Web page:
January 23, 2022 – The Rev. Canon Britt Olson

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At last year’s Annual Meeting, the Old Testament lesson was from Jonah, that whining, unhappy, bitter prophet who attempts to escape his calling and to hide from the challenges and difficulties that surround him.  A year ago we were still in lockdown, the insurrection of January 6 had just happened, we were all on edge and ready to be done with the pandemic and political turmoil.  I’m probably not the only one who, like Jonah, wanted to quit, run away or hide my head under the covers.  Many of us have had anger management problems, mental health issues and are just fed up!  We relate to Jonah.

This year the lesson is from Nehemiah, a very different Old Testament character.  Nehemiah is Jewish, serving as a minor official in the Persian court, the court of the empire that has occupied Israel and devastated its capital, Jerusalem.  Nehemiah is no prophet, priest or scribe, but rather an administrator, a strategic planner, leader and manager. 

Nehemiah and the other Jews in exile hear about the state of Jerusalem – the broken down walls, economic distress and lack of secure housing.  They hear that the people have no religious leaders or regular liturgical practice.  They don’t have access to the Scripture and have forgotten the laws, commandments and practices of the Torah.  It is a city and a people who have lost their way, who have seen everything they used to take for granted decay and decline.

Nehemiah appeals to the Persian King Artaxerxes and is granted the King’s support to leave for Jerusalem, bringing construction material and workers in order to rebuild, repair and renew the city and its population.  As surprising as this foreign support may seem, it’s not without strings.  In exchange for help in rebuilding Jerusalem, Persia will get the tax revenue from any economic prosperity.  A flourishing, economically diverse city will benefit everyone.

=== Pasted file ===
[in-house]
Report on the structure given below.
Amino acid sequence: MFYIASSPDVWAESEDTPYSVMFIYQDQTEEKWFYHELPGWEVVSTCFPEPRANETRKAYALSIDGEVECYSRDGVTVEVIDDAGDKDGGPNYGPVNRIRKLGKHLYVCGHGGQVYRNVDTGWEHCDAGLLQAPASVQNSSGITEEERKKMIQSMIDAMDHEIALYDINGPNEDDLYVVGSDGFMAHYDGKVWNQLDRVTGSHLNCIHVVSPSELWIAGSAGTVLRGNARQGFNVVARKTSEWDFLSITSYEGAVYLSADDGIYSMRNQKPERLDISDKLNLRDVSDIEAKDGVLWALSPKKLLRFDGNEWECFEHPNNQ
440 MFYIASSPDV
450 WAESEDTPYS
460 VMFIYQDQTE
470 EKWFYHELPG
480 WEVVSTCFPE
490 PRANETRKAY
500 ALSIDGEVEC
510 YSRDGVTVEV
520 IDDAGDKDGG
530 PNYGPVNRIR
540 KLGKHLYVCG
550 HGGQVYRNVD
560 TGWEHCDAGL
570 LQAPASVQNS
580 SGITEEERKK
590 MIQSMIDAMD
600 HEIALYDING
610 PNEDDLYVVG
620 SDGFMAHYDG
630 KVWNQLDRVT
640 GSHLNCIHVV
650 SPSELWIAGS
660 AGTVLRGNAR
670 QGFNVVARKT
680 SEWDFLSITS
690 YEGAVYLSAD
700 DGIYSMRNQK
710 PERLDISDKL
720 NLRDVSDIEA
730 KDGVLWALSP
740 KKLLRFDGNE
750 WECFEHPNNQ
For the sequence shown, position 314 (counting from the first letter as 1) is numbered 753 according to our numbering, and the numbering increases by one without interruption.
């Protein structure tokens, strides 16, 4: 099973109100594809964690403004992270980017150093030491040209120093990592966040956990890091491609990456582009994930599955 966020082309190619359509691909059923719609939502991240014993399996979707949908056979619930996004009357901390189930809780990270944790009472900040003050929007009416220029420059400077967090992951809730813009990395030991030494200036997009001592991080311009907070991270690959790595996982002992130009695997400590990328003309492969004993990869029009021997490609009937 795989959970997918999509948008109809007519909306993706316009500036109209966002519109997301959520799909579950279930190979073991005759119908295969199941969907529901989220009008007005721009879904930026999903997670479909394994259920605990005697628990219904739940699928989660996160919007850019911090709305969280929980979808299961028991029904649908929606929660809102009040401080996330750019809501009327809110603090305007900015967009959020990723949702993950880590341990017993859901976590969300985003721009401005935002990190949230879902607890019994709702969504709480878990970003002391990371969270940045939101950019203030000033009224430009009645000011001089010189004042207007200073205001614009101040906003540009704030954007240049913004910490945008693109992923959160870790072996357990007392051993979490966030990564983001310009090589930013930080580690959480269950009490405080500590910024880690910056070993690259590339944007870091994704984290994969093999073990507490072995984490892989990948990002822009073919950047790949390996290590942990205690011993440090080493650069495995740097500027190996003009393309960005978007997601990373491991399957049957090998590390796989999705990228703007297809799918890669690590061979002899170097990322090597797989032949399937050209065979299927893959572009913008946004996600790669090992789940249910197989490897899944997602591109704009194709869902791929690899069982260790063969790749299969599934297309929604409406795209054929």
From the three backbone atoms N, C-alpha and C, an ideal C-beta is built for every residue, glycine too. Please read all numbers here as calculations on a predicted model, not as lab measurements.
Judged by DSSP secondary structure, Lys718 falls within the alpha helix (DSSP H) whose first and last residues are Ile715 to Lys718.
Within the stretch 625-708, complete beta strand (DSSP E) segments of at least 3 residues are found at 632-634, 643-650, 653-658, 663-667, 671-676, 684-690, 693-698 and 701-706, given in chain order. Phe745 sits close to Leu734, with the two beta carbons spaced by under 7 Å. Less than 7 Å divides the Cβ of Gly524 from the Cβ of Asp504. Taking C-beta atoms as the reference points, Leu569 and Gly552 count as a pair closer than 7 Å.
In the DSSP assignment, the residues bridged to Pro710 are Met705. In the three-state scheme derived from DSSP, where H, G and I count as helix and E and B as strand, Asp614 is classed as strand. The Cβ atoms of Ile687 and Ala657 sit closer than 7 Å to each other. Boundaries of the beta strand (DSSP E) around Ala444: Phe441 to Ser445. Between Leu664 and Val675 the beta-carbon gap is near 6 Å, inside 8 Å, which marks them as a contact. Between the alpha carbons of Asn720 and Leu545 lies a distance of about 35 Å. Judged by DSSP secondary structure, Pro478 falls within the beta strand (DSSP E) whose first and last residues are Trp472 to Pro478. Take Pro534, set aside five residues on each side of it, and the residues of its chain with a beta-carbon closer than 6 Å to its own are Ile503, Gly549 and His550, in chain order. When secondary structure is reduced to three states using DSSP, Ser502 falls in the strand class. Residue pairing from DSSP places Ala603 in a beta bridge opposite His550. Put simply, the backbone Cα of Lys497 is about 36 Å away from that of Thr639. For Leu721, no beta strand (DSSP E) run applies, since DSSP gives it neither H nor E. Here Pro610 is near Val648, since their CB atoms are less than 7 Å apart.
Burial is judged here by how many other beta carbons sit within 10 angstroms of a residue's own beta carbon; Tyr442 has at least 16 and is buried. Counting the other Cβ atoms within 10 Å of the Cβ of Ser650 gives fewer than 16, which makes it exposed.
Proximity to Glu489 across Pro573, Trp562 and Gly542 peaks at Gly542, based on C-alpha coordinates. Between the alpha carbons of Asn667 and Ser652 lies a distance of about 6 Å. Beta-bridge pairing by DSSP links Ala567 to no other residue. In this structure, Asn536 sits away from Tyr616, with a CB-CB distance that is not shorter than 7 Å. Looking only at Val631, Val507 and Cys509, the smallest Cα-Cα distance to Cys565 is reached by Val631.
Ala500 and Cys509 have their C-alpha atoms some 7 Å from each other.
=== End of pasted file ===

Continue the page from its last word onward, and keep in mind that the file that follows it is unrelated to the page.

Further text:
When Nehemiah arrives, he finds opposition.  He rallies those who share the vision for renewal and they work 24/7 for 52 days until a substantial part of the wall that protects the city is repaired and rebuilt.  It’s a heroic accomplishment and creates some measure of stability and security, which allows the city to begin to recover. 

The rebuilding of infrastructure that Nehemiah leads is accompanied by spiritual renewal, led by the priest, Ezra who reintroduces the people to the words and promises of God in Scripture.  They weep and worship when they hear the message.  Through confession and celebration, they take the words to heart.

The story of Nehemiah is a compelling one as we long for renewal and rebuilding after two years of the pandemic; the loss of in person attendance at church and community events; the emptying of offices, restaurants and buildings; the lack of proper shelter for many of our most vulnerable neighbors; and the departure of the privileged to vacation homes or even outer space!  Our health care workers are exhausted and demoralized.  Parents are simply struggling to get through another day and every family has been touched by illness and even death from COVID.  We need renewal!  We want revival!  We need a Nehemiah to lead us to safety, security and prosperity!

But there is a warning in this text and a corrective that we find in Jesus’s words.  Nehemiah and Ezra pursued the plan of renewal by setting up exclusionary definitions of who benefits, who is in and who is out.  Jewish men in Jerusalem who had taken non-Jewish wives during the exile were forced to divorce them and send them and their children away without any support.  Only those who agreed with the Persian-backed plans for rebuilding were allowed employment in the project.  Religious and social purity codes established one caste over another in power, influence and wealth.